Liquidated damages (LD) clauses are a fixture of construction contracts. As we all know, they are a secondary obligations to pay an agreed sum of money, arising upon breach of a primary obligation of the contract. In the case of a construction contract, this will invariably be in the event of delay: the failure to complete the works by a specified date.
LD clauses are the paradigm of something agreed very much in the hope that it will never be needed, when in the rosy glow of the start of a project, everyone is confident it will be completed on time. As a consequence, it may be that parties negotiating the sum don’t necessarily give it as much thought as they later feel it deserves when a project is overrunning, and the LDs are racking up.
However, the recent judgment of Mr Richard Salter QC in GPP Big Field LLP and another v Solar EPC Solutions SL (formerly known as Prosolia Siglio XXI) has confirmed, following on from Makdessi v Cavendish Square, that a genuine pre-estimate of loss does not need to be negotiated in minute (or indeed any particular) detail in order to avoid being seen as an unenforceable penalty.
GPP Big Field LLP v Solar EPC Solutions SL
The particular issue raised by the defendant in Solar was that the LDs clause (which was the same across several contracts), did not represent the extent of the loss the claimant was likely to suffer where there was a delay to commissioning of the relevant works. It was said that the extent of loss would be dependent upon the output of the plant and the prevailing electricity price. However, each of the EPC contracts provided for the same penalty of £500 per day per MWp, even though each of the plants had a different output, and there was a difference of over 30% in the expected electricity prices recorded in the various contracts.
It was also said that part of what weighed in favour of the court identifying the clauses as penalties was the fact that there had been, on the defendant’s case, no detailed negotiations to ascertain the appropriate level of LDs. The parties were in dispute as to the scope and nature of any such discussions.
However, ultimately, the judge found there probably had been no such detailed negotiations but it did not matter because, in summary:
- The clause was negotiated between commercial entities at arms’ length, and they were well able to “assess the commercial implications” of the clause.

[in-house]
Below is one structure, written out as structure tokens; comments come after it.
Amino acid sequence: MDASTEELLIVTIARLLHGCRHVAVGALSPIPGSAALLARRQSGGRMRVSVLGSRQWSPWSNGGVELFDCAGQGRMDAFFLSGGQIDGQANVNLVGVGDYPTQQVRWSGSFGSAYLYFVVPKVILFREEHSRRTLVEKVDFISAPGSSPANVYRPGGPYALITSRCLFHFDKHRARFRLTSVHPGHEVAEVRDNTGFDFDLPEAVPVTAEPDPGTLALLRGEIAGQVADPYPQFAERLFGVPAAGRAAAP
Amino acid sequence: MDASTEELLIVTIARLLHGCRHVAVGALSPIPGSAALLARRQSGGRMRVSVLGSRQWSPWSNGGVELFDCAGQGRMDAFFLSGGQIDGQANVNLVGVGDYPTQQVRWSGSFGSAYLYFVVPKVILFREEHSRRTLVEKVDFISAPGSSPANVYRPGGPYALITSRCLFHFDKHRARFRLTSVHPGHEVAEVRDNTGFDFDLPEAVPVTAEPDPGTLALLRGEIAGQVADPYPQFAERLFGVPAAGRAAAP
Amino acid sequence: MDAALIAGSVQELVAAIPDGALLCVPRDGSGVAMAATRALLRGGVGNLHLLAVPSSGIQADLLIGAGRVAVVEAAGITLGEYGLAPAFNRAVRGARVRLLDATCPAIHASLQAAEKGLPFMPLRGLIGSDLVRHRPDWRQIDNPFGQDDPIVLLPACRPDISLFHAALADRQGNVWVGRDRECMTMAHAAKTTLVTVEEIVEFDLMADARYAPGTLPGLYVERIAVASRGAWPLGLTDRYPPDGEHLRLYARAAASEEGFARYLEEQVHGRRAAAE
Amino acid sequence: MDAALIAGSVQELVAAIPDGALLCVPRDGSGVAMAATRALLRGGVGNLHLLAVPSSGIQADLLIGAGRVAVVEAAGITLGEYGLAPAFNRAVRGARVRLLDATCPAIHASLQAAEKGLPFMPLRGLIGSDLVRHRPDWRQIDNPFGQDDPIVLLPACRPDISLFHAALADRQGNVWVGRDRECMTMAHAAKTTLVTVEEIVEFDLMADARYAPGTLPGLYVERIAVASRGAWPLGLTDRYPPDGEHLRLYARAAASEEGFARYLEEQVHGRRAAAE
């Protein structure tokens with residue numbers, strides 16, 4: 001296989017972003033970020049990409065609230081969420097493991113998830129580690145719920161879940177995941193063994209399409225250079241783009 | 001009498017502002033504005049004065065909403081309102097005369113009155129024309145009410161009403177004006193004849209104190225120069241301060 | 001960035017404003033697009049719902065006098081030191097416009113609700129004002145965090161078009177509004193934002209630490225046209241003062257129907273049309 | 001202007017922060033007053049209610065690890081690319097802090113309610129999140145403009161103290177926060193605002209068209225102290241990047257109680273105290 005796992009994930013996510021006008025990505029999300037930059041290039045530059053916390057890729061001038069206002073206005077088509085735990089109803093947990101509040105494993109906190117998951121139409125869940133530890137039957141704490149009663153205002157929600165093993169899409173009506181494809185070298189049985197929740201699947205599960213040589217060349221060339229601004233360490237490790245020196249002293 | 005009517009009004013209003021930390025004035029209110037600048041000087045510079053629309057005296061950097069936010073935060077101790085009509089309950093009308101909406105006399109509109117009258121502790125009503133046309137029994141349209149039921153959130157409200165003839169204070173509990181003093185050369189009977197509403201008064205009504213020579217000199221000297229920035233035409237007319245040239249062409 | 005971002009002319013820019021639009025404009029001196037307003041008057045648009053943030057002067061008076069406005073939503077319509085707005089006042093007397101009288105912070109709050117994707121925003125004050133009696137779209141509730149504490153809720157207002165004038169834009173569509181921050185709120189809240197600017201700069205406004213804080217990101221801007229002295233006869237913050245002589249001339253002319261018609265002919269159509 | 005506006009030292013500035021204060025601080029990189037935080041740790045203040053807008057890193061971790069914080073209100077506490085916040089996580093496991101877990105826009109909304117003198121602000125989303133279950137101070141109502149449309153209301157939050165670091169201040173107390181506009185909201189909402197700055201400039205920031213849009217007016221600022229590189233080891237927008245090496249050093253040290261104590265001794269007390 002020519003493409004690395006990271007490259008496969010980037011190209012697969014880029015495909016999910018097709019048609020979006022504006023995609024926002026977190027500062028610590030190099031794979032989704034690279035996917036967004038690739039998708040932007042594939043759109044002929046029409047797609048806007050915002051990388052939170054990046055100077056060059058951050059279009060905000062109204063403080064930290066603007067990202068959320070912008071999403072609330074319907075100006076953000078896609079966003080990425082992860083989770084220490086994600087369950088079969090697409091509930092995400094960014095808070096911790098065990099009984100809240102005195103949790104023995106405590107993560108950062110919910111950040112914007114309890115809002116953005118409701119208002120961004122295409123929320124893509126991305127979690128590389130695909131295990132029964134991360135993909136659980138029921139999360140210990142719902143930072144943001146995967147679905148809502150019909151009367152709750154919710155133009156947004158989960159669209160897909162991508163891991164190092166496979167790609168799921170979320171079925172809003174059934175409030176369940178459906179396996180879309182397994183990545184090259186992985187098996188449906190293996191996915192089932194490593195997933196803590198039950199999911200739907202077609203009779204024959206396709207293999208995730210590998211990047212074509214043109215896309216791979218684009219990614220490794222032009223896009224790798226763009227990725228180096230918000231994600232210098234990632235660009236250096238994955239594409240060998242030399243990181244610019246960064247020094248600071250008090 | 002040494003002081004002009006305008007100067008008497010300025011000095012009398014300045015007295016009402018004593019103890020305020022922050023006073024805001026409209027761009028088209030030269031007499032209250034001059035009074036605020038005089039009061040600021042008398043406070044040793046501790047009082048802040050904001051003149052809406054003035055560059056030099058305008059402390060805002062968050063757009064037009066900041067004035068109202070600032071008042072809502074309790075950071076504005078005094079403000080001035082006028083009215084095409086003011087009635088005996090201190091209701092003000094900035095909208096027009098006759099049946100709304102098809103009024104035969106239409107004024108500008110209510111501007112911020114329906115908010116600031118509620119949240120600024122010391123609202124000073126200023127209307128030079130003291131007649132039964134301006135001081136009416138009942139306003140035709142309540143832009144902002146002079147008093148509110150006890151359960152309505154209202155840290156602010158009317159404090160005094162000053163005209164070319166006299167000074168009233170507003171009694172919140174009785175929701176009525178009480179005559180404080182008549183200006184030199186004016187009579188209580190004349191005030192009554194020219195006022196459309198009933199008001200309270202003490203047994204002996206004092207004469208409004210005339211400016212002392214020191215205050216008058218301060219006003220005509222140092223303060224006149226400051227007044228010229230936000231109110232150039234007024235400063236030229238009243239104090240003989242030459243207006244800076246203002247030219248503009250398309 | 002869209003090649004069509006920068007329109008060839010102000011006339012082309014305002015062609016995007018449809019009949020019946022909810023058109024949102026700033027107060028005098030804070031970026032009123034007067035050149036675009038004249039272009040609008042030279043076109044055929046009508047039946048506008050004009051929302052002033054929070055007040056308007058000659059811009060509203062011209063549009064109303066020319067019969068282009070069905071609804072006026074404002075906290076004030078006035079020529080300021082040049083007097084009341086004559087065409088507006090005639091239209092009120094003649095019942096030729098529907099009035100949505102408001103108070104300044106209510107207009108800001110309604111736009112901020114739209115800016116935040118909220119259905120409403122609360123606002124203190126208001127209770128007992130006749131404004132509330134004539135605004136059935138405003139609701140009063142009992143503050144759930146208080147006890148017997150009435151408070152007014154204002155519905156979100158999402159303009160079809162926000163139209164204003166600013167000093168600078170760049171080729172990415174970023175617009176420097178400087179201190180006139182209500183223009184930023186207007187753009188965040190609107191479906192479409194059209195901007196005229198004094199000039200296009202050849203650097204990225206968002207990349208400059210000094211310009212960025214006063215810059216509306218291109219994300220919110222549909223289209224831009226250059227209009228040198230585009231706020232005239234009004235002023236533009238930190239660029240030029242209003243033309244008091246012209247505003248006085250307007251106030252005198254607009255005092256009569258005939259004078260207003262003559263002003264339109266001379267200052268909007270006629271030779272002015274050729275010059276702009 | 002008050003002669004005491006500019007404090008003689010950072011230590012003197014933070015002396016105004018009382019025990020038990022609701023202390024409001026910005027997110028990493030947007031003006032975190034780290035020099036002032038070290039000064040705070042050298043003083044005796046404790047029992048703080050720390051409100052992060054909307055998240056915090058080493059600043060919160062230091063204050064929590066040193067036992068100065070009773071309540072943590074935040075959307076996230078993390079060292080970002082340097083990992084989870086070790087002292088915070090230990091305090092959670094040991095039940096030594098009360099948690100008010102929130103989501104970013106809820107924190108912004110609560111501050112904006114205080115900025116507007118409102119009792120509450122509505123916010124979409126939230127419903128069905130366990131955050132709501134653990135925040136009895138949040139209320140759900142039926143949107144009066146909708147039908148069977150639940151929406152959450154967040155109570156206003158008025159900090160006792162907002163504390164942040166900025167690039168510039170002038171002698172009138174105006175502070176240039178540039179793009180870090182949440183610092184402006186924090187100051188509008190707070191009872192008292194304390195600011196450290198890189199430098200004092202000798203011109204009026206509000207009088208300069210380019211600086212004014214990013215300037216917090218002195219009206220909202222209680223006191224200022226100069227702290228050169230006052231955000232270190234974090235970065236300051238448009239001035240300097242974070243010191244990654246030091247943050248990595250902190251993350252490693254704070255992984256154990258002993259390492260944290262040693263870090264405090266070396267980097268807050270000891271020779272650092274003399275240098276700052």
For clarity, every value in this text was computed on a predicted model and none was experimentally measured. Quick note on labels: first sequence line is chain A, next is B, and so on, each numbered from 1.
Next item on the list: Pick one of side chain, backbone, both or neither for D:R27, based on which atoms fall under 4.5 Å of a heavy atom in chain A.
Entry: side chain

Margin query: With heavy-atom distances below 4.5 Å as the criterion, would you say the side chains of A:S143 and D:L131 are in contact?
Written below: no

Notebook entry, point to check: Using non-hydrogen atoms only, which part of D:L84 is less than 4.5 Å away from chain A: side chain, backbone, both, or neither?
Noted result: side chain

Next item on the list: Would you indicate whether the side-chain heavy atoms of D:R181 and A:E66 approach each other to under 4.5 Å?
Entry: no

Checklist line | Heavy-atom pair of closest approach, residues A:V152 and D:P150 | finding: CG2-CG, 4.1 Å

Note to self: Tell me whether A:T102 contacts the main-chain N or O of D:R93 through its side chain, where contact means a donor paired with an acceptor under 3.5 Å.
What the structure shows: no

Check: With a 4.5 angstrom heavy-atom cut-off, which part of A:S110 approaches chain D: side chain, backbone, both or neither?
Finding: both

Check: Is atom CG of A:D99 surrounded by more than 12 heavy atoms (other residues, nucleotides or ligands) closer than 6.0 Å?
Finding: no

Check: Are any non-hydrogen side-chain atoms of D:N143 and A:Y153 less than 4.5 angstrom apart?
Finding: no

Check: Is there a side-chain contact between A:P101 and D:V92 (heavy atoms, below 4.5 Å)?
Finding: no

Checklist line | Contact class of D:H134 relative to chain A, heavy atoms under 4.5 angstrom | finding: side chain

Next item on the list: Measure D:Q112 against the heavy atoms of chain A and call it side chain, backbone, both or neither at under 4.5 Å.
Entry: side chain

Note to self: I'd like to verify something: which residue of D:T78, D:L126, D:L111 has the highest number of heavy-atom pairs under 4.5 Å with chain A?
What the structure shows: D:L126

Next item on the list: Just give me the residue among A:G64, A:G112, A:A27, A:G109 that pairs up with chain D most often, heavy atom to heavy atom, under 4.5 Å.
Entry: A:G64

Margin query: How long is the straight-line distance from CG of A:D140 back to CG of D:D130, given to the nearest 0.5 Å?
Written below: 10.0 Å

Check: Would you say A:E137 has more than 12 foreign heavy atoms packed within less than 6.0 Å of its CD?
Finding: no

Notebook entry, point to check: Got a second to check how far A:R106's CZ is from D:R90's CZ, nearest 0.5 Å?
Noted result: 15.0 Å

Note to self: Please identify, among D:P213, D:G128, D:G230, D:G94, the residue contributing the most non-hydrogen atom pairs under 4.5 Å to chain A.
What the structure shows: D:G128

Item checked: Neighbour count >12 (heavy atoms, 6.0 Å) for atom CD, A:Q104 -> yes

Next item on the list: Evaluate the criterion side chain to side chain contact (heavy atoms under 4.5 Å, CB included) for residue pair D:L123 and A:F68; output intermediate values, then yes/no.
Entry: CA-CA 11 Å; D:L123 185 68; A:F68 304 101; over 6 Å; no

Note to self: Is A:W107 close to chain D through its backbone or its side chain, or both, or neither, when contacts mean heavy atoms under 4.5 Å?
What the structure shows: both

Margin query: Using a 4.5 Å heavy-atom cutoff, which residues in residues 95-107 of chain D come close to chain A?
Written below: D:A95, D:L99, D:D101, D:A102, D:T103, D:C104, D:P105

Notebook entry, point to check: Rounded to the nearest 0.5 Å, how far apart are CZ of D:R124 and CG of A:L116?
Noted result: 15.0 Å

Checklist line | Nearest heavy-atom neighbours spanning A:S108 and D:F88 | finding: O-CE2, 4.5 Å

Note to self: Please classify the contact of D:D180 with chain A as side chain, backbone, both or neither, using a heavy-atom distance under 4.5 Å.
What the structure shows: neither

- The fact that a round figure had been used, that might not match up to the actual loss incurred in any circumstance, was common across the construction industry.
- Any slight discrepancy that might arise between actual loss and the LD sum did not matter (following Cavendish):
“… provided that it is not extravagant and unconscionable in amount in comparison with the greatest loss that might have been expected when the contract was the contract was made to be likely to follow from the breach.”
Is the clause commercially justified?
Therefore, the judge has continued the line of thinking from Cavendish that the legitimacy of an LDs clause is not just about compensation but is also concerned with whether the clause can be commercially justified. As was explained in Cavendish:
“… compensation is not necessarily the only legitimate interest that the innocent party may have in the performance of the default’s primary obligations.”
Rather, a damages clause may properly be justified by some other consideration than the desire to recover compensation for a breach.
Therefore, the lesson to draw is not to get too caught up in the pounds and pence of the LDs figure. The bigger question is whether the sum can be commercially justified.
As the courts have said going back to Dunlop Pneumatic Tyre Co v New Garage Motor Co, in the case of a simple LDs clause (which will be the type included in most construction contracts), the notion of a “genuine pre-estimate of loss” is one test in the bigger armoury to help in ascertaining whether a clause is a penalty. However, the crux is going to be whether the sum agreed is out of all proportion to the greatest loss likely to be suffered.
As with all other clauses, the court’s job is not to get the parties out of a bad bargain. The parties will be fixed with the sum agreed, even if it is painful when the LDs kick in.
This article was first published on Practical Law’s Construction Blog.